Jon Bon Jovi has tested positive for coronavirus.
A representative of the singer, 59, confirmed to Fox News that Bon Jovi was recently tested positive for COVID-19. However, he is apparently in good spirits.
“I can confirm that he has tested positive and that he is fully vaccinated and feeling well,” the representative said.
Variety reports that the artist was to perform at a fan event in Miami on Saturday at Loews South Beach. But after the audience had already signed up at the venue, they were reportedly informed that the singer would not be able to perform. Outlet reports that he did not appear alongside the Kings of Suburbia as planned by an abundance of caution.
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The event was called “Runaway with JBJ.” According to the event’s website, it was to be a three-day, two-night event in Miami Beach for fans who wanted to incorporate a costume party and photo shoot with the star to celebrate Halloween. Those wishing to attend the event had to provide proof of vaccination or a negative test.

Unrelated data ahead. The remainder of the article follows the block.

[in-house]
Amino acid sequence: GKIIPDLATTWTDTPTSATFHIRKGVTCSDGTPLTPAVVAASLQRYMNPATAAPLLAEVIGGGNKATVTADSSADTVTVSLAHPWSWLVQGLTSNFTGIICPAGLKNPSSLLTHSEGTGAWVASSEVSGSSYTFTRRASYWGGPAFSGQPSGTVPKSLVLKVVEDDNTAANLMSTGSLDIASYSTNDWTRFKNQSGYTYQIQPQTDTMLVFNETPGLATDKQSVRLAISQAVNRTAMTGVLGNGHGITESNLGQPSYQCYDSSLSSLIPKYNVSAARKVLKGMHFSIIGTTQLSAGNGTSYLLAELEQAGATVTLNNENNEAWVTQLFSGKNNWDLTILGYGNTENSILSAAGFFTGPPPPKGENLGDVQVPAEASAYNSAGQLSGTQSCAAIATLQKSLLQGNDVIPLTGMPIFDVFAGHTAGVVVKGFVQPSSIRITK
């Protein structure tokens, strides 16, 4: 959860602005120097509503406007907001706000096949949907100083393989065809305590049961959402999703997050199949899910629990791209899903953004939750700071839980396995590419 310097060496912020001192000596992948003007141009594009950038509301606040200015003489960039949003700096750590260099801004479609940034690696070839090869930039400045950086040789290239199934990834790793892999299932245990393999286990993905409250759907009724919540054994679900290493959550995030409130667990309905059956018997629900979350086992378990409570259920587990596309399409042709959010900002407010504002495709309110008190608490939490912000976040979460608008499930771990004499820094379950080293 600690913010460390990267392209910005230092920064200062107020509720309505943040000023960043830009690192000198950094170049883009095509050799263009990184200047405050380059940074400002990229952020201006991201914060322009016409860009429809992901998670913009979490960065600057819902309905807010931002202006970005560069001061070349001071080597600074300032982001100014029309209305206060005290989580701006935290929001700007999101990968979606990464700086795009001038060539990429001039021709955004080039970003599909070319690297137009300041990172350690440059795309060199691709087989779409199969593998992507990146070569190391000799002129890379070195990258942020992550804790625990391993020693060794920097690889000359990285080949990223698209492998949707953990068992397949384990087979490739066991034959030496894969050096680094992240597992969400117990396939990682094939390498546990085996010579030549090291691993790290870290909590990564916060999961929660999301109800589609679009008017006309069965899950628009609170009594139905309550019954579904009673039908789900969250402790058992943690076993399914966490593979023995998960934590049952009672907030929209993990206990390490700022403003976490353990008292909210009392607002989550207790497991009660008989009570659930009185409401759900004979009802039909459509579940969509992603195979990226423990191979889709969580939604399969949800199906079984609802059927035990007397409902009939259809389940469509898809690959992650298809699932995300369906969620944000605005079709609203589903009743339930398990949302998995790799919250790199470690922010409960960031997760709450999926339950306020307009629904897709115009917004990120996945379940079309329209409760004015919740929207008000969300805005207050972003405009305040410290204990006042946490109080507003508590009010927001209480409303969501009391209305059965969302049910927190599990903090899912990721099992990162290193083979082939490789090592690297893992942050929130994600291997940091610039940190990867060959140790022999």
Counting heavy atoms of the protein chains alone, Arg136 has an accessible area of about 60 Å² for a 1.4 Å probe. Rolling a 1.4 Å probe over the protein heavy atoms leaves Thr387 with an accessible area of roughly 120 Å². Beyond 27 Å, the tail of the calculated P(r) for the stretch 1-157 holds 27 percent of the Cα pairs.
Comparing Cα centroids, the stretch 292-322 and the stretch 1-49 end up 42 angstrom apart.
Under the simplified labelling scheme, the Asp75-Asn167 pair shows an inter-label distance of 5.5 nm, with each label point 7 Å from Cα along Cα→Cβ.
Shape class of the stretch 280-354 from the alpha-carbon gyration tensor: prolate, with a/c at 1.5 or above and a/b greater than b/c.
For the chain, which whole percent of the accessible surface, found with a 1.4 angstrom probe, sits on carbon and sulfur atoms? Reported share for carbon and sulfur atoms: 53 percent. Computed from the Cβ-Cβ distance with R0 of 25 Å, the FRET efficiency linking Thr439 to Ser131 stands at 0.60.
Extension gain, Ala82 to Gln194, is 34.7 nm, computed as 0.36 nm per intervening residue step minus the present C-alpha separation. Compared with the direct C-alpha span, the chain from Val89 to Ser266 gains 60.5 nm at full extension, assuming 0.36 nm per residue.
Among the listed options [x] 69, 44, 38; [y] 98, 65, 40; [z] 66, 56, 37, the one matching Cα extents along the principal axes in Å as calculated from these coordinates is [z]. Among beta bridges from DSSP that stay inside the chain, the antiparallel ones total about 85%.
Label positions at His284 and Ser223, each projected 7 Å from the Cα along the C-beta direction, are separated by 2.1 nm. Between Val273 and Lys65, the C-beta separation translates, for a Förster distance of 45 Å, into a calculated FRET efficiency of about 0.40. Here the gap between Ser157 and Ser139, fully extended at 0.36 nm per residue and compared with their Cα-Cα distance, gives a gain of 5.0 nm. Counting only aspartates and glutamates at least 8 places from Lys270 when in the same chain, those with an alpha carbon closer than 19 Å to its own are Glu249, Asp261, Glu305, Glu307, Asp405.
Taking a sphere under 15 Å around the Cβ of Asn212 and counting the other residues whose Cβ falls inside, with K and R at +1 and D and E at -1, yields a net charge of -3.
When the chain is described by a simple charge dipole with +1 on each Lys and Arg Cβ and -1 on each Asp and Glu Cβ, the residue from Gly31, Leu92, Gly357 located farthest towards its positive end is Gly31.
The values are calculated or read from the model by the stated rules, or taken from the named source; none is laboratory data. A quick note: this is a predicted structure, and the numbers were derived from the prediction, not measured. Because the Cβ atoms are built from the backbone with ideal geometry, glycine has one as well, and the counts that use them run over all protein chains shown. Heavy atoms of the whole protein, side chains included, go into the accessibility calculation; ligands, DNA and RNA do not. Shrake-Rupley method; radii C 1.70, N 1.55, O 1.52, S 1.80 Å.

As People note, this is not the first time Bon Jovi has been affected by a positive COVID-19 diagnosis. Keyboard player Dave Bryan was diagnosed with coronavirus in March 2020.
“I just got my results back today and tested positive for coronavirus,” Bryan wrote at the time. “I’ve been sick for a week and I feel better every day. Please do not be afraid !!!”
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Bryan added: “I’ve been quarantined for a week and will for another week. And when I feel better, I’ll be tested again to make sure I’m free of this ugly virus. Please help each other This will be over soon … with the help of every American !! “
Because he is fully vaccinated, Bon Jovis’ symptoms are milder, as is the case with many breakthrough infections. A breakthrough case of COVID-19 occurs when a fully vaccinated person still gets coronavirus.
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In studies, the two-dose COVID-19 vaccines from Pfizer and Moderna were approximately 95% effective in preventing disease, while the one-shot Johnson & Johnson shot was 72% effective, although direct comparisons are difficult. So even though the vaccines are very good at protecting people from the virus, it is still possible to get infected.
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Experts say the shots help reduce the severity of the disease in breakthrough cases.
The Associated Press contributed to this report.